BBC Radio 4 recently came to Brunswick to visit the Harriet Beecher Stowe house and interview Tess Chakkalakal, associate professor of Africana Studies and English, about the lasting impacts of Stowe’s novel Uncle Tom’s Cabin. Chakkalakal’s comments were featured as part of the radio program “The Legacy of Uncle Tom,” which aired on Nov. 25.
“One thing that Stowe wasn’t, was ambivalent about slavery,” Chakkalakal said. “She knew it was wrong; and really the reason for the novel … was to speak out against the fugitive slave law” — that is, the law that prohibited northerners from harboring escaped slaves. Stowe herself harbored a runaway slave in her Brunswick home.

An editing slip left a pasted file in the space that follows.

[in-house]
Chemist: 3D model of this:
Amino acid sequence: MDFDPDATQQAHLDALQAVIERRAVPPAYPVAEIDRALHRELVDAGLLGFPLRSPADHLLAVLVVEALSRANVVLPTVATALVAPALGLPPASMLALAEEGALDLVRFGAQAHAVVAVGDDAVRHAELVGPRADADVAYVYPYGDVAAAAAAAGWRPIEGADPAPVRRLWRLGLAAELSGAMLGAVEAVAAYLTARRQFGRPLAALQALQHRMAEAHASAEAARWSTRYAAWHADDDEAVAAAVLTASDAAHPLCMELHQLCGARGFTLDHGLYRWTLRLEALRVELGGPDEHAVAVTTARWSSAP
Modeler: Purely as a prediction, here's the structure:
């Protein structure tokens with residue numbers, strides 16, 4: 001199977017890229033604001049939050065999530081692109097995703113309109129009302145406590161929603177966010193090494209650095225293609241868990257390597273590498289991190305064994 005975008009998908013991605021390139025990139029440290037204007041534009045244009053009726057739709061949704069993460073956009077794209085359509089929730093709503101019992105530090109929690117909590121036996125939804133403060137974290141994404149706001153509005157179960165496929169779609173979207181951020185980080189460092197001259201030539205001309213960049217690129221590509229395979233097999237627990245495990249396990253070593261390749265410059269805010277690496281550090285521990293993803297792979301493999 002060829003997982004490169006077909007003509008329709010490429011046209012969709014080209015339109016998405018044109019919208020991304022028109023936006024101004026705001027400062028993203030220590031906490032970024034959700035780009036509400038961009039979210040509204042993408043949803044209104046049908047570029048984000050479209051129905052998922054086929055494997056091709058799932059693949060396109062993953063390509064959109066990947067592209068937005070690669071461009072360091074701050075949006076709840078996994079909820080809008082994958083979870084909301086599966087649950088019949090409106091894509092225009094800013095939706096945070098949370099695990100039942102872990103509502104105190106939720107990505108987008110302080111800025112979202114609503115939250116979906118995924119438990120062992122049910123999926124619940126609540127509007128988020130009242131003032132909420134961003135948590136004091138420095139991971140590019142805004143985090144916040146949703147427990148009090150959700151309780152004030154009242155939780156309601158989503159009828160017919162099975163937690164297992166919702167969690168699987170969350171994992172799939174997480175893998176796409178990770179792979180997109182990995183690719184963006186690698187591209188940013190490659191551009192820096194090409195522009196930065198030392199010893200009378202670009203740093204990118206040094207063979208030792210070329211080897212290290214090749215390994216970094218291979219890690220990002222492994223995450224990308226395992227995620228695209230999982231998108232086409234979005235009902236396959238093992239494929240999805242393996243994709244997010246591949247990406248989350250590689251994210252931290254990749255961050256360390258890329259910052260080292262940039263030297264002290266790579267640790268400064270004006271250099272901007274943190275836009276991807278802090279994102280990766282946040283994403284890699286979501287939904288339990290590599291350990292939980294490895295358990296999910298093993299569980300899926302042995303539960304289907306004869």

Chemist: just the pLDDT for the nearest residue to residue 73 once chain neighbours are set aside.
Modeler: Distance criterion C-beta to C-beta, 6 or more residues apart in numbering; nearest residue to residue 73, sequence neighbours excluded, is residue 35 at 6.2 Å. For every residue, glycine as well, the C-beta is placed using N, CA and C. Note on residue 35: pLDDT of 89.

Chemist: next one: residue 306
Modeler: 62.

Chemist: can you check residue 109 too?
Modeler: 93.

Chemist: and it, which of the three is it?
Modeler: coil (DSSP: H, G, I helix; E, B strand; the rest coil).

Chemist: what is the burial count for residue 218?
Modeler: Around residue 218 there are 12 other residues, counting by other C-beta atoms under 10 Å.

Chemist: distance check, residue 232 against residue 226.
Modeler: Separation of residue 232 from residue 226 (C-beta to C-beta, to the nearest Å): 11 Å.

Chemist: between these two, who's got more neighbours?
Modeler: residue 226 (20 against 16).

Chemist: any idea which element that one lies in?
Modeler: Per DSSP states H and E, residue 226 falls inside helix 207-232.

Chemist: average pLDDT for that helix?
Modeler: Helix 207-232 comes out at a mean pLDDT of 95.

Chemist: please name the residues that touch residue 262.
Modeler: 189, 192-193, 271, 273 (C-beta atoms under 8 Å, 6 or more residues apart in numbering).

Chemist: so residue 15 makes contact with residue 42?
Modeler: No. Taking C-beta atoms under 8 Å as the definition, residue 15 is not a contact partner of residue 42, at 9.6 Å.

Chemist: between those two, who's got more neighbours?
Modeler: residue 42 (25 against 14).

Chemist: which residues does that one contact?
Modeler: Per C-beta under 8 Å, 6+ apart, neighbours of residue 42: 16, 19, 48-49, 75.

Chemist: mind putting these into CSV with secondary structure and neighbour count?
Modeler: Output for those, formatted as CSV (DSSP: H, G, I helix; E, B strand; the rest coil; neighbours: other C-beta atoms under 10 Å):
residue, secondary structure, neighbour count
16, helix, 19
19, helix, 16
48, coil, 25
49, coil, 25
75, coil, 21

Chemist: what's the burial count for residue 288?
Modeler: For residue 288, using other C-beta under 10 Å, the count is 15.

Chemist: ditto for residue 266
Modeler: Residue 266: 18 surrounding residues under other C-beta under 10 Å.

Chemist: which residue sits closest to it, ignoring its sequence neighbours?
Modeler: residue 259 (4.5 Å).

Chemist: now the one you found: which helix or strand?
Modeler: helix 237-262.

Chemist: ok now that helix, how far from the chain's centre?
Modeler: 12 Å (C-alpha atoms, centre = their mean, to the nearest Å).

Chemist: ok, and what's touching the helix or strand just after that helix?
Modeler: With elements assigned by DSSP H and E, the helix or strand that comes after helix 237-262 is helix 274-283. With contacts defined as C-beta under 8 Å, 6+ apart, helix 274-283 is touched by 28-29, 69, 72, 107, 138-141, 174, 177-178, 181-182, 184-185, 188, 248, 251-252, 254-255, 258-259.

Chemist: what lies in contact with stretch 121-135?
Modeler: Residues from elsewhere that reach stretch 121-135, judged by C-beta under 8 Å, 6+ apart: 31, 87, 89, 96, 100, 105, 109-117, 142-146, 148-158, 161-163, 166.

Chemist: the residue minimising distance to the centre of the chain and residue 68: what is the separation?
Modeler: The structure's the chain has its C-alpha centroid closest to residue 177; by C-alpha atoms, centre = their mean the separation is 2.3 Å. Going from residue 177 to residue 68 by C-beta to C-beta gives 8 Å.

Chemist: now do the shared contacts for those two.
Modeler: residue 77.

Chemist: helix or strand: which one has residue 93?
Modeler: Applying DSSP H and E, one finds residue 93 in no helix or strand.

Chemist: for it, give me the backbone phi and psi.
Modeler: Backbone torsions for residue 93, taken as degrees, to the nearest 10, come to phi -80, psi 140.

“When Harriet Beecher Stowe wrote Uncle Tom’s Cabin in 1852, it immediately caused a stir and created a groundswell of anti-slavery feeling,” reads the BBC’s description. The program “traces the reactions to this work from the Abolition Movement, through the Civil Rights Movement to the Rodney King beating in 1991 and the murder of Trayvon Martin last year.”
Chakkalakal and Professor of English Peter Coviello will be co-teaching a Spring 2014 course called “The Afterlives of Uncle Tom” as part of the College’s new Civil War course cluster, funded by a grant from the Andrew Mellon Foundation.